of Δvri , which is, the change of vr due to the ith collisions during Δt, i.e., Δvr =

j

i

i

i Δvr , so that Δvr Δvs =

i

j Δvr Δvs . When the collisions are statistically

j

independent, statistical average of Δvri Δvs

t

W Δvr Δvs d(Δv) =

(i = j) is zero and

Δvri Δvsi d(Δv).

i

This expression is proportional to Δt.

The Fokker–Planck equation can be expressed in the form [1]

F

∂f

+ v · ∇r f + ∇v f + ∇v · J = 0,

∂t

m

where

Ji = Ai f −

Di j

j

Ai = Δvi

t

Di j =

1

2

j

(8.22)

∂f

,

∂v j

Δvi Δv j t ,

∂v j

1

Δvi Δv j t .

2

The tensor D is called the diffusion tensor in the velocity space and A is called the

coefficient of dynamic friction. For convenience we consider the components of J

parallel and perpendicular to the velocity v of the test particle. When the distribution

function of field particles is isotropic, we find

J = −D ∇ f + A f,

J ⊥ = −D⊥ ∇⊥ f.

(8.23)

A is parallel to v and the diffusion tensor becomes diagonal. When the distribution

function of field particles is Maxwellian, A and D are given by [1]

mv D = −T ∗ A,

(8.24)

(qq ∗ )2 n ∗ ln Λ Φ1 (b∗ v)

,

b∗2 v 2

8πε20 vm 2

(8.25)

(qq ∗ )2 n ∗ ln Λ

Φ1 (b∗ v)

Φ(b

.

v)

2b∗2 v 2

8πε20 vm 2

(8.26)

D =

D⊥ =

8.3 Fokker–Planck Collision Term

169

q ∗ , n ∗ , b∗ , and T ∗ are those of field particles (b∗2 ≡ m ∗ /2T ∗ ) and q, m, and v are

those of test particles. Φ(x) and Φ1 (x) are

Φ(x) =

x

2

π 1/2

exp(−ξ 2 )dξ,

0

Φ1 (x) = Φ(x) −

2x

exp(−x 2 ).

π 1/2

When x > 2, then Φ(x) ≈ Φ1 (x) ≈ 1.

When the distribution function of field particles is generally given by f ∗ (v ∗ ), the

Fokker–Planck coefficients Δvi t , Δvi Δv j t are given by [2]

Δvi

= −L 1 +

t

Δvi Δv j

t

ui ∗ ∗ ∗

f (v )dv

u3

m

m∗

δi j

ui u j

− 3

u

u

=L

where

u = v − v∗,

u ≡ |u|,

L≡

(8.27)

f ∗ (v ∗ )dv ∗ ,

(8.28)

(eZ ∗ e)2 ln Λ

.

4π 20 m 2

(8.29)

v, m are the velocity and the mass of test particles respectively and v ∗ , m ∗ are the

velocity and the mass of field particles respectively. There are following relations

ui j ≡

ui u j

δi j

∂2u

− 3 ,

=

∂vi ∂v j

u

u

j

∂u i j

=

∂v j

j

∂u i j

=−

∂v ∗j

j

j

∂v j

δi j

ui u j

− 3

u

u

= −2

ui

,

u3

∂u i j

ui

= 2 3.

∂v j

u

The coefficient of dynamic friction A and the diffusion tensor Di j are given by [1]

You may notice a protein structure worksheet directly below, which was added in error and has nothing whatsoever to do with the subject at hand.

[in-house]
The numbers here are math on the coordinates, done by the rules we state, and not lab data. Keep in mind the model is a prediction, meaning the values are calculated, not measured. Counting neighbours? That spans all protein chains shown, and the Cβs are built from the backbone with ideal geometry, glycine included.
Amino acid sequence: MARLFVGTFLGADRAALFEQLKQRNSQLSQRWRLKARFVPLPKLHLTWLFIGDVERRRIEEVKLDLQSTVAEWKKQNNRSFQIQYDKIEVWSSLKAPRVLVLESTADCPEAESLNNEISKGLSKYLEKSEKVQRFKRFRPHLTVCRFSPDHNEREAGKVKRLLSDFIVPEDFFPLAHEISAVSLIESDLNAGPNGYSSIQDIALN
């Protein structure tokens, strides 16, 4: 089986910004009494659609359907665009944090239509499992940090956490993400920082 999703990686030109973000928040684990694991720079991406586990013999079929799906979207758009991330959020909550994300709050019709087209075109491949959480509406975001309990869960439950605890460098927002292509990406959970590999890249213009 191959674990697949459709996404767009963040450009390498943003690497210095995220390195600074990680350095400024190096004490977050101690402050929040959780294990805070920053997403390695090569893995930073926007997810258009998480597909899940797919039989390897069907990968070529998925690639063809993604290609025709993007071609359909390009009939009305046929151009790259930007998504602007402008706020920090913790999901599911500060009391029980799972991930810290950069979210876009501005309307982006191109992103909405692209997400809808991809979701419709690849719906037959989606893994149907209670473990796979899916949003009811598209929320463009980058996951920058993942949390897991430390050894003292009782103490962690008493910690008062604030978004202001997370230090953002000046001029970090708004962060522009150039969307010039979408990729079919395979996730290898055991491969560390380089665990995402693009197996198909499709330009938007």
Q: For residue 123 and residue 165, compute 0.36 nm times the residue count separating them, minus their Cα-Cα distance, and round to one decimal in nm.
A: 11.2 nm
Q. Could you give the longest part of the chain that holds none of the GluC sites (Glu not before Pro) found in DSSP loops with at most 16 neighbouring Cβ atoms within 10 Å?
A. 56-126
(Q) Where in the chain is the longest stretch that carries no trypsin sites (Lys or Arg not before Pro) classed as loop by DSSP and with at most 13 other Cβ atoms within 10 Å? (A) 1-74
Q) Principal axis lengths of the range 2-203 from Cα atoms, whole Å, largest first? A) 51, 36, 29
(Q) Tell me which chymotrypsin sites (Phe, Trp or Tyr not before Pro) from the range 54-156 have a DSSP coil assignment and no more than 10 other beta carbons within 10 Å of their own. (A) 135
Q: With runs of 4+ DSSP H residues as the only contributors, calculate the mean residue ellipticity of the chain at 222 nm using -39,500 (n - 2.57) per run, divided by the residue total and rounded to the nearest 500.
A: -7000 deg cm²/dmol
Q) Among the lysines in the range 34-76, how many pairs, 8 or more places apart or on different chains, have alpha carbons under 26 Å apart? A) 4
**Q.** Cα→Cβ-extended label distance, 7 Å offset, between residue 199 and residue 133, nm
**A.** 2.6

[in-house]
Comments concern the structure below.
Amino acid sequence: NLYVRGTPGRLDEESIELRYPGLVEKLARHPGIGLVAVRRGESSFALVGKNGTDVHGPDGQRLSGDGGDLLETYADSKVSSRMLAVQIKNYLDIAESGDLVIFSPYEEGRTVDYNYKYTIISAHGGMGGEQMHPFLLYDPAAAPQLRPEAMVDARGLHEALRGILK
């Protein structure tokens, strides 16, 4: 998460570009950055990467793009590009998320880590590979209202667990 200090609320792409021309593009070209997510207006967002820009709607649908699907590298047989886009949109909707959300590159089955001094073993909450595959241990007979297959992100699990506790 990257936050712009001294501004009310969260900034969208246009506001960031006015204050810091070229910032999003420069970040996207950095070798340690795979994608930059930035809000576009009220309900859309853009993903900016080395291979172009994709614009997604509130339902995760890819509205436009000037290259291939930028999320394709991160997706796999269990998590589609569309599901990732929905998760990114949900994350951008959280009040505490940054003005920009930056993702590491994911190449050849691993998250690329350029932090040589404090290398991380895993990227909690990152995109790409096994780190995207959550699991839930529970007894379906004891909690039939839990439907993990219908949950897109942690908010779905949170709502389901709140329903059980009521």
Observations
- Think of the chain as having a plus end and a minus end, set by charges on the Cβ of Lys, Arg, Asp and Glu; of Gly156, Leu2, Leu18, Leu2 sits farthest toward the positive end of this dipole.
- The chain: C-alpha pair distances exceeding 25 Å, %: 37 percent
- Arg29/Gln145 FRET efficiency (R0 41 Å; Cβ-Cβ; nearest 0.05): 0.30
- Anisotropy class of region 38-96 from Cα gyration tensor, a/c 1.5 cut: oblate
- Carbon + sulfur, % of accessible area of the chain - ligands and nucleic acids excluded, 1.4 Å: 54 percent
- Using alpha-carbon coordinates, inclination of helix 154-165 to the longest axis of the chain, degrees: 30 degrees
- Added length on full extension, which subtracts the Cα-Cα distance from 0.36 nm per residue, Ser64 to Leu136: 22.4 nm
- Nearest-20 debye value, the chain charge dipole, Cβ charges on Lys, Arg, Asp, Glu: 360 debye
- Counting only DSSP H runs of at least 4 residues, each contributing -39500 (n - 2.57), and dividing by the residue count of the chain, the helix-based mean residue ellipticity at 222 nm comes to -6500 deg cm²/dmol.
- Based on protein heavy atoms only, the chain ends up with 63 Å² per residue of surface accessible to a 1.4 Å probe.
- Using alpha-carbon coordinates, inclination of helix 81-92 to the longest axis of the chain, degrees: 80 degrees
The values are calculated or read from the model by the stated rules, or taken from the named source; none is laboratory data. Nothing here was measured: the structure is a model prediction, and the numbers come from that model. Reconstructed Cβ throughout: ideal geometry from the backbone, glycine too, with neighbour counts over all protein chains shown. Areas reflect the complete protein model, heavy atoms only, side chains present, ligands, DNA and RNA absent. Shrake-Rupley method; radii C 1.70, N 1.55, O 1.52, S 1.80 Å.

Ai = Δvi

t

= −L 1 +

m

= −L ∗

m

1

2

m

m∗

j

Δvi Δv j

∂v j

t

ui ∗ ∗ ∗ L

f (v )dv −

u3

2

ui ∗ ∗ ∗

f (v )dv ,

u3

j

∂v j

δi j

ui u j

− 3

u

u

f ∗ (v ∗ )dv ∗

(8.30)

170

8 Boltzmann’s Equation

ui u j

δi j

1

L

f ∗ (v ∗ )dv ∗

Δvi Δv j t =

− 3

2

2

u

u

L

L ∂2

=

u f ∗ (v ∗ )dv ∗ ,

u i j f ∗ (v ∗ )dv ∗ =

2

2 ∂vi ∂v j

Di j =

(8.31)

We define E iv (v) and G(v) by

E iv (v) ≡

G(v) ≡

ui ∗ ∗ ∗

f (v )dv ,

u3

(8.32)

u f ∗ (v ∗ )dv ∗ ,

(8.33)

then we have

Ai = −L

Di j =

L

2

m v

E ,

m∗ i

u i j f ∗ (v ∗ )dv ∗ =

and

Ji (v) = ⎝ Ai f (v) −

j

δf

δt

(8.34)

L ∂2

G(v),

2 ∂v i ∂v j

∂ f (v) ⎠

,

Di j

∂v j

∗i

= −∇v · J

∂ ⎝m v

1

E (v) f (v) +

∂vi m ∗ i

2

Since

E iv =

1

2

(8.36)

coll

=L

(8.35)

u i j f ∗ (v ∗ )dv ∗

j

∂u i j ∗ ∗ ∗

1

∗ f (v )dv = −

∂v j

2

j

ui j

j

∂ f (v) ⎠

.

∂v j

(8.37)

∂ f ∗ (v) ∗

dv ,

∂v ∗j

so that Fokker–Planck collision term is reduced to

δf

δt

=

coll

Lm

2

∗i j

∂vi

f ∗ (v ∗ ) ∂ f (v)

f (v) ∂ f ∗ (v ∗ )

+

u i j dv ∗ .

m∗

∂v ∗j

m

∂v j

(8.38)

This equation is called by Landau collision integral [1, 2].

Next the function H (v) is defined by

H (v) =

f ∗ (v ∗ ) ∗

dv .

u

(8.39)

8.3 Fokker–Planck Collision Term

171

Then we have

E iv (v) = −

∂ H (v)

=

∂vi

ui ∗ ∗ ∗

f (v )dv .

u3

(8.40)

The (8.37) and (8.35) are reduced to

δf

δt

=L

coll

∗i

=L

∗i

=L

∗i

From

m

∂ ⎣

∂vi

m∗

m

∂ ⎝

∂vi

m∗

∂ ⎝

− 1+

∂vi

j ∂u i j /∂v j

∂H

f (v) +

∂vi

∂H

f (v) +

∂vi

m

m∗

j

j

∂H

f (v) +

∂vi

∂2 G

∂vi ∂v j

1

2

∂ f (v) ⎦

∂v j

1

∂2 G

∂ ∂2 G

f (v) −

f (v)⎠

∂vi ∂v j

2

∂v j ∂vi ∂v j

j

∂2 G

1 ∂

f (v) ⎠ ,

(8.41)

2 ∂v j ∂vi ∂v j

1 ∂

2 ∂v j

j

= −2u i /u 3 , we used the following equation to derive (8.41)

1

2

j

∂ ∂2 G

∂H

=−

∂v j ∂vi ∂v j

∂vi

(1 + m/m ∗ )H (v), G(v) are called Rosenbluth Potential [3].

8.4 Quasi Linear Theory of Evolution in Distribution

Function

It has been assumed that the perturbation is small and the zeroth-order terms do not

change. Under these assumption, the linearized equations on the perturbations are